Researchers from the Department of Microbial Infection and Immunity, College of Medicine, The Ohio State University, Columbus – USA has discovered a method to reverse T Cell Dysfunctionality that typically occurs during viral infections and cancer by rebalancing the TGFβ1/BMP signals.
The study findings were published in the peer reviewed journal: Nature Immunology.
T cell dysfunctionality prevents the clearance of chronic infections and cancer. Furthermore, epigenetic programming in dysfunctional CD8+ T cells limits their response to immunotherapies, including immune checkpoint blockade (ICB).
However, it is unclear which upstream signals drive acquisition of dysfunctional epigenetic programs, and whether therapeutically targeting these signals can remodel terminally dysfunctional T cells to an ICB-responsive state. Here we innovate an in vitro model system of stable human T cell dysfunction and show that chronic TGFβ1 signaling in posteffector CD8+ T cells accelerates their terminal dysfunction through stable epigenetic changes.
Conversely, boosting bone morphogenetic protein (BMP) signaling while blocking TGFβ1 preserved effector and memory programs in chronically stimulated human CD8+ T cells, inducing superior responses to tumors and synergizing the ICB responses during chronic viral infection.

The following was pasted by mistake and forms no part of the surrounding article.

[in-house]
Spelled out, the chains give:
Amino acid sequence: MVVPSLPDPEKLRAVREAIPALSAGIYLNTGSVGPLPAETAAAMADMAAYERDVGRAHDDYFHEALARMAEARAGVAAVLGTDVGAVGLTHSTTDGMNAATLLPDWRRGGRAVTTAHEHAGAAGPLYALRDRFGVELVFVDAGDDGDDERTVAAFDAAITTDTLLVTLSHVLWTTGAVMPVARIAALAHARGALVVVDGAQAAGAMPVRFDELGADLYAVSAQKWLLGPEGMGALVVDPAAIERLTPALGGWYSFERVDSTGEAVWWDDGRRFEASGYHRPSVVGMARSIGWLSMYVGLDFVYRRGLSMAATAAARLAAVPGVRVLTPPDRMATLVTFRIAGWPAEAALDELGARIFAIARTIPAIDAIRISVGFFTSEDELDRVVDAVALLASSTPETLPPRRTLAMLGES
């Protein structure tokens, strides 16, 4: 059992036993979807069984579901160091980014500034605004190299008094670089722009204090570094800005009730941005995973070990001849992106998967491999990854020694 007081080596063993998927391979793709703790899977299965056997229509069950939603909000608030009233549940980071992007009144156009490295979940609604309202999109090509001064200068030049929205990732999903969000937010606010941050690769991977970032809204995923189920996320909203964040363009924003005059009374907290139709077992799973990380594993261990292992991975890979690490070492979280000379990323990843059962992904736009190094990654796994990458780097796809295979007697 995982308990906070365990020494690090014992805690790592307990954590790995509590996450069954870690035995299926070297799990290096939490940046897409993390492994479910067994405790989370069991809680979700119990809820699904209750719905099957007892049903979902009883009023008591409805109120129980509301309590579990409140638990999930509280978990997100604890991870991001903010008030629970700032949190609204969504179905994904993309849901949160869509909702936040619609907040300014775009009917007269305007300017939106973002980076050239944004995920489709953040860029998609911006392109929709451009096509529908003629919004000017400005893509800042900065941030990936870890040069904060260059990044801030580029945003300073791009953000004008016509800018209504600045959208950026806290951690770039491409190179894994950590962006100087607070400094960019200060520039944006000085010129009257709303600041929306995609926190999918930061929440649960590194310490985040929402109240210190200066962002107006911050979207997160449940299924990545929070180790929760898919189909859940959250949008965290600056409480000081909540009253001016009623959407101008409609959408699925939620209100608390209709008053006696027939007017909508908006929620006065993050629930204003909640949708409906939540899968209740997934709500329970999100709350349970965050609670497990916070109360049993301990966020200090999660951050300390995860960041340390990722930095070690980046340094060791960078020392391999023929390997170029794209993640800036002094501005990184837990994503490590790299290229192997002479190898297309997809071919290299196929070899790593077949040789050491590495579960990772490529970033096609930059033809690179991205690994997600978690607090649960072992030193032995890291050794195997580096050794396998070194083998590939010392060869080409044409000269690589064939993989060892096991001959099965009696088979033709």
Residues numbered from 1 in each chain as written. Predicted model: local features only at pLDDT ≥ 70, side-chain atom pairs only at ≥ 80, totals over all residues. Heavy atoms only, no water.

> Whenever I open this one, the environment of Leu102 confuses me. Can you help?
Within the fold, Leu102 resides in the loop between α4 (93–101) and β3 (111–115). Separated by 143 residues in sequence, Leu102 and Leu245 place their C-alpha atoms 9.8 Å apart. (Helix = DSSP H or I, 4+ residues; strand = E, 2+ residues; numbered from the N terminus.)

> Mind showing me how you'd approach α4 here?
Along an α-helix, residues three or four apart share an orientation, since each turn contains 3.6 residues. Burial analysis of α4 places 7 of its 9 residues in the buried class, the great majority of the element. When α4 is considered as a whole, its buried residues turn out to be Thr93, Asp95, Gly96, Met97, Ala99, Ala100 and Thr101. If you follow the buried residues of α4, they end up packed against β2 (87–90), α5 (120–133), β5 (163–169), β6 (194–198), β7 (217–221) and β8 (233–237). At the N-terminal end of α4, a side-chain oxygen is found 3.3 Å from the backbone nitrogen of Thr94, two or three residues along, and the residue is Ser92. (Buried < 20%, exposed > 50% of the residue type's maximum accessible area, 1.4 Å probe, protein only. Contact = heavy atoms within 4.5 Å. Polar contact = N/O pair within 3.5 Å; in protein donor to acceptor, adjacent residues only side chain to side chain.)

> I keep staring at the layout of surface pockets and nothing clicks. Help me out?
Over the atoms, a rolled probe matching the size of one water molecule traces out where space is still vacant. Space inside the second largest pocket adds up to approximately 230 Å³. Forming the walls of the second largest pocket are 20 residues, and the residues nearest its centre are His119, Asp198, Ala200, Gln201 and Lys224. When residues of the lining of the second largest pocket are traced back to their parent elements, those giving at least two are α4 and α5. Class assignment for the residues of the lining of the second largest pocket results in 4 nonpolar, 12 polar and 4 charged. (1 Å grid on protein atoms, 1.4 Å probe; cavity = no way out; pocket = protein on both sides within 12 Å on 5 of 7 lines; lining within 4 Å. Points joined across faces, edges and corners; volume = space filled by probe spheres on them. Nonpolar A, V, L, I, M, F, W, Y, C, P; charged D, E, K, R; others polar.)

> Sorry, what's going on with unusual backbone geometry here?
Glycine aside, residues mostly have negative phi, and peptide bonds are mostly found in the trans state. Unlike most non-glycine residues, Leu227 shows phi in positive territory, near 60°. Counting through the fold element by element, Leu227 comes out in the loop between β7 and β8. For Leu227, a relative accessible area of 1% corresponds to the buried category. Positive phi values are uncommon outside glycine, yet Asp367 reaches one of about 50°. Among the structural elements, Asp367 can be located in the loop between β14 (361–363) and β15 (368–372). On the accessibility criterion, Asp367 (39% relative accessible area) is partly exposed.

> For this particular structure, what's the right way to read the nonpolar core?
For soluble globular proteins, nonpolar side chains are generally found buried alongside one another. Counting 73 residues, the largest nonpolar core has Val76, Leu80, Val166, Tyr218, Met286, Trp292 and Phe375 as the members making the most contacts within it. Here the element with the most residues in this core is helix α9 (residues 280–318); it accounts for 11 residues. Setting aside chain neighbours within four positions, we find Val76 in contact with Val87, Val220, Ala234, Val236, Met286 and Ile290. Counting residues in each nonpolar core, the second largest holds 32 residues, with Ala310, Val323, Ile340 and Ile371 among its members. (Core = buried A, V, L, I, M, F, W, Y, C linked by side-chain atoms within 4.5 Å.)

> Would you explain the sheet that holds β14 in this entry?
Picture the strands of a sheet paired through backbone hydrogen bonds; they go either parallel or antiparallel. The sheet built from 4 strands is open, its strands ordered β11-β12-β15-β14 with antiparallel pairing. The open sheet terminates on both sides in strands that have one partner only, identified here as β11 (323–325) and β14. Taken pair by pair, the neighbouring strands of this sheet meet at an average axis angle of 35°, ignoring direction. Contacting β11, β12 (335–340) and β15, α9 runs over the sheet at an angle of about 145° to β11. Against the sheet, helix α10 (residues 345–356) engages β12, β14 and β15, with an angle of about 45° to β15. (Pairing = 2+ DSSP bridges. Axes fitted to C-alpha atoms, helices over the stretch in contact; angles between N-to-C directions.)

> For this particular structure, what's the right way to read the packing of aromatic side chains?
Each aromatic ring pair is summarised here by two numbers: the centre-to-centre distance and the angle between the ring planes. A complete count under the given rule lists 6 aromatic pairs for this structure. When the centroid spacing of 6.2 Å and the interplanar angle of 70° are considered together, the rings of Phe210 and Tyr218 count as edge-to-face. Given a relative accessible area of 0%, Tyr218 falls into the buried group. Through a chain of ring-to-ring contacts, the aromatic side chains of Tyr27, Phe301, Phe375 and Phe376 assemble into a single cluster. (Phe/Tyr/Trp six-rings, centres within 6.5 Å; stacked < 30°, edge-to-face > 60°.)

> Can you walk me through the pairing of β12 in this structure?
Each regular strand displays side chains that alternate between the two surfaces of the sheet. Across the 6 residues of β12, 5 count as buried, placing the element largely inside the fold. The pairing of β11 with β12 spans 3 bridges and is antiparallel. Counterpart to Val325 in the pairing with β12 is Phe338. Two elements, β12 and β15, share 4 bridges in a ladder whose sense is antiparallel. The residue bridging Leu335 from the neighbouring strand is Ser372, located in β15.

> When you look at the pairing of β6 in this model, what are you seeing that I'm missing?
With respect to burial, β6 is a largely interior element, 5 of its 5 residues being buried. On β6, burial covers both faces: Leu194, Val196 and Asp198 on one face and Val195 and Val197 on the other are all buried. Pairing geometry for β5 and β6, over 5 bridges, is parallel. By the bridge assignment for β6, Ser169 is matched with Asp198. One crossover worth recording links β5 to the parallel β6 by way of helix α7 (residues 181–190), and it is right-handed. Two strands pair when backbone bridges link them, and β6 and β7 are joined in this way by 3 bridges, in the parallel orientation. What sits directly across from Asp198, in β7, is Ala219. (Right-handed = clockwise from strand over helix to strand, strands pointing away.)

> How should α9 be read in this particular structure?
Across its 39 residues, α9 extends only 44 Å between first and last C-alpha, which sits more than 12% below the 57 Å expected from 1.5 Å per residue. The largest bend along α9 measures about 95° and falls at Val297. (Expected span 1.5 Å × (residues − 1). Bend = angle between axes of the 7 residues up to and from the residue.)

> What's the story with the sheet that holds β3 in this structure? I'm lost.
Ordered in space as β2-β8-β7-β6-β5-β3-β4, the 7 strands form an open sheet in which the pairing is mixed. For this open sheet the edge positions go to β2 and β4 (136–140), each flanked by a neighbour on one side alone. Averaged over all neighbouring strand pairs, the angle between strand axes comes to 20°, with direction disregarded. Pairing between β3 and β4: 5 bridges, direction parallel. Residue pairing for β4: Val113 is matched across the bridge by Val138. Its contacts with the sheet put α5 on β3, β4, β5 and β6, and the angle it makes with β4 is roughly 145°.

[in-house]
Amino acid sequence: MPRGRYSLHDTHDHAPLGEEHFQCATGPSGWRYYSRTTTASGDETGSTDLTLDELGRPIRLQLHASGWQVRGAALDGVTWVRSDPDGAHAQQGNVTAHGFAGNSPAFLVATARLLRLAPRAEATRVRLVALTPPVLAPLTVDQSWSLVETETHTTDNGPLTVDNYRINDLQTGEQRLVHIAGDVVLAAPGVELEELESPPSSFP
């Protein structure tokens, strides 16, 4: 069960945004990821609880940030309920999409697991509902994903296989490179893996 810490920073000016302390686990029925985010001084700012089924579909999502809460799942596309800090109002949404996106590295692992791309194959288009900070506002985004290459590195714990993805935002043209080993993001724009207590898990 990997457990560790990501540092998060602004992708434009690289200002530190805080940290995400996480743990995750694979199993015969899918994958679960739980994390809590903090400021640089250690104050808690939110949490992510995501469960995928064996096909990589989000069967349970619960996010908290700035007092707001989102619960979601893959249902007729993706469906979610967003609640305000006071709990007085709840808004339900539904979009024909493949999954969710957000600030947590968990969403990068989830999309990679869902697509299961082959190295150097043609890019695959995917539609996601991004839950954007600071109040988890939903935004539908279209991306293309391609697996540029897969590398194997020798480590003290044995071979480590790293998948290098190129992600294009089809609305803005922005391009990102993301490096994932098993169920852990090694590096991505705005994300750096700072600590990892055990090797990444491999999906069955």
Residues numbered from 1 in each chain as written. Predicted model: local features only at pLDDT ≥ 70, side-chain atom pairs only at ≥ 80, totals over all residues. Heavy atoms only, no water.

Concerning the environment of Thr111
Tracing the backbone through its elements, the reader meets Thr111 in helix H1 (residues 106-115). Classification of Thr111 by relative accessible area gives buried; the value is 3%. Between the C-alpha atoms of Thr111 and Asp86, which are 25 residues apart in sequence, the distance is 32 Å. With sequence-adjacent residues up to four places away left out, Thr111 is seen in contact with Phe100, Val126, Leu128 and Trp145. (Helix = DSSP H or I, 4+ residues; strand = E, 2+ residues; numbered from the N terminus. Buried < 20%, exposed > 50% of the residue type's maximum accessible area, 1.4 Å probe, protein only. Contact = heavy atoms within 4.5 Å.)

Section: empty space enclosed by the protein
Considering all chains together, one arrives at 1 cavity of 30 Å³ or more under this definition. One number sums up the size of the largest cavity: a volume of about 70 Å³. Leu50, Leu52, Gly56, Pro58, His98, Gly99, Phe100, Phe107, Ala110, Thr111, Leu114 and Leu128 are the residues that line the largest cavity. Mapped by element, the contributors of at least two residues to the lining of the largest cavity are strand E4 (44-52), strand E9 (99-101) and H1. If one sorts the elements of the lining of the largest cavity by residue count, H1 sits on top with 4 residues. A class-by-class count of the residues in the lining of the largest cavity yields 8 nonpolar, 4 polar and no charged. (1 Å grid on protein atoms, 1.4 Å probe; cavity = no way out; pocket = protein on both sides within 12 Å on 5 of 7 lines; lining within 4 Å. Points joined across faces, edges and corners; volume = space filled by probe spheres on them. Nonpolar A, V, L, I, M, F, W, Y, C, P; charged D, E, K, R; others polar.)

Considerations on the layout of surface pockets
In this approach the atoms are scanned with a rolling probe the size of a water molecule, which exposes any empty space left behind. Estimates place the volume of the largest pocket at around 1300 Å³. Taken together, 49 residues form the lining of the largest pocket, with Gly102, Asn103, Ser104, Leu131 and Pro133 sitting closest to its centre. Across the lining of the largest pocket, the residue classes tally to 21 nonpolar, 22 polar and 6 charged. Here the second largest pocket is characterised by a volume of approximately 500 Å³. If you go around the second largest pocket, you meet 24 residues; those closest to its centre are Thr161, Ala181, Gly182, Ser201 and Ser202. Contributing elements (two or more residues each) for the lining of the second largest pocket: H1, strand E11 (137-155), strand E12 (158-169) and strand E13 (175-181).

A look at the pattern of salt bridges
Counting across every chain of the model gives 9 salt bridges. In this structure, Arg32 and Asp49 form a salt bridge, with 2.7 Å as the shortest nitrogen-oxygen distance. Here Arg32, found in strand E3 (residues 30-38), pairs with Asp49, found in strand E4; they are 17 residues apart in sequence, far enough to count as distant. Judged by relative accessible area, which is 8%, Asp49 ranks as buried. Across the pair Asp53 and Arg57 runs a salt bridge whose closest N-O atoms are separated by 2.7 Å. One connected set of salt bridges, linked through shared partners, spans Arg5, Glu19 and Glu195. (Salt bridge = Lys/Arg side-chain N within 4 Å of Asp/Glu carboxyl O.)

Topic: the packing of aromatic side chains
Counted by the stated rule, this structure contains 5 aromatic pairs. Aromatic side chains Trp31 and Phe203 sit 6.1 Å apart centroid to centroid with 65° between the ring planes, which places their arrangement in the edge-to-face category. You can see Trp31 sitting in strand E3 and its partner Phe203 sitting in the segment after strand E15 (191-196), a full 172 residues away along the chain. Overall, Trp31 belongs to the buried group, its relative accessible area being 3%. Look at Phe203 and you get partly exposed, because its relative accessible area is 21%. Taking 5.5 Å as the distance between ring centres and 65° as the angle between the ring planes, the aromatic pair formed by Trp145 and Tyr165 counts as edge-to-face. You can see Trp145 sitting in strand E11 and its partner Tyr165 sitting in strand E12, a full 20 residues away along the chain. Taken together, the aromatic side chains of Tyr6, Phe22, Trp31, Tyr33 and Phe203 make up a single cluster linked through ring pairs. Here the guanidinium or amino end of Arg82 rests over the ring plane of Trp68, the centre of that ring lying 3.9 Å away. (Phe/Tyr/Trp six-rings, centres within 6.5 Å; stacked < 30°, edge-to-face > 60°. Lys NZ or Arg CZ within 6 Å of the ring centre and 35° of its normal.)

Thus, rebalancing TGFβ1/BMP signals provides an exciting new approach to unleash dysfunctional CD8+ T cells and enhance T cell immunotherapies.
TGFB, also named as LAP and TGFB1, is a multifunctional peptide that controls proliferation, and cell differentiation. TGF acts synergistically with TGFA in inducing transformation process. It also acts as a negative autocrine growth factor. Dysregulation of TGFB activation and signaling may result in apoptosis. Many cells synthesize TGFB having specific receptors for it. TGFB positively and negatively regulates many other growth factors. It plays an important role in bone remodeling being a potent stimulator of an osteoblastic bone formation (PMID: 11586292).
CED, DPD1, LAP, TGF B1, TGF beta 1, tgf beta1, TGFB, TGFB1, TGFbeta, tgf-beta1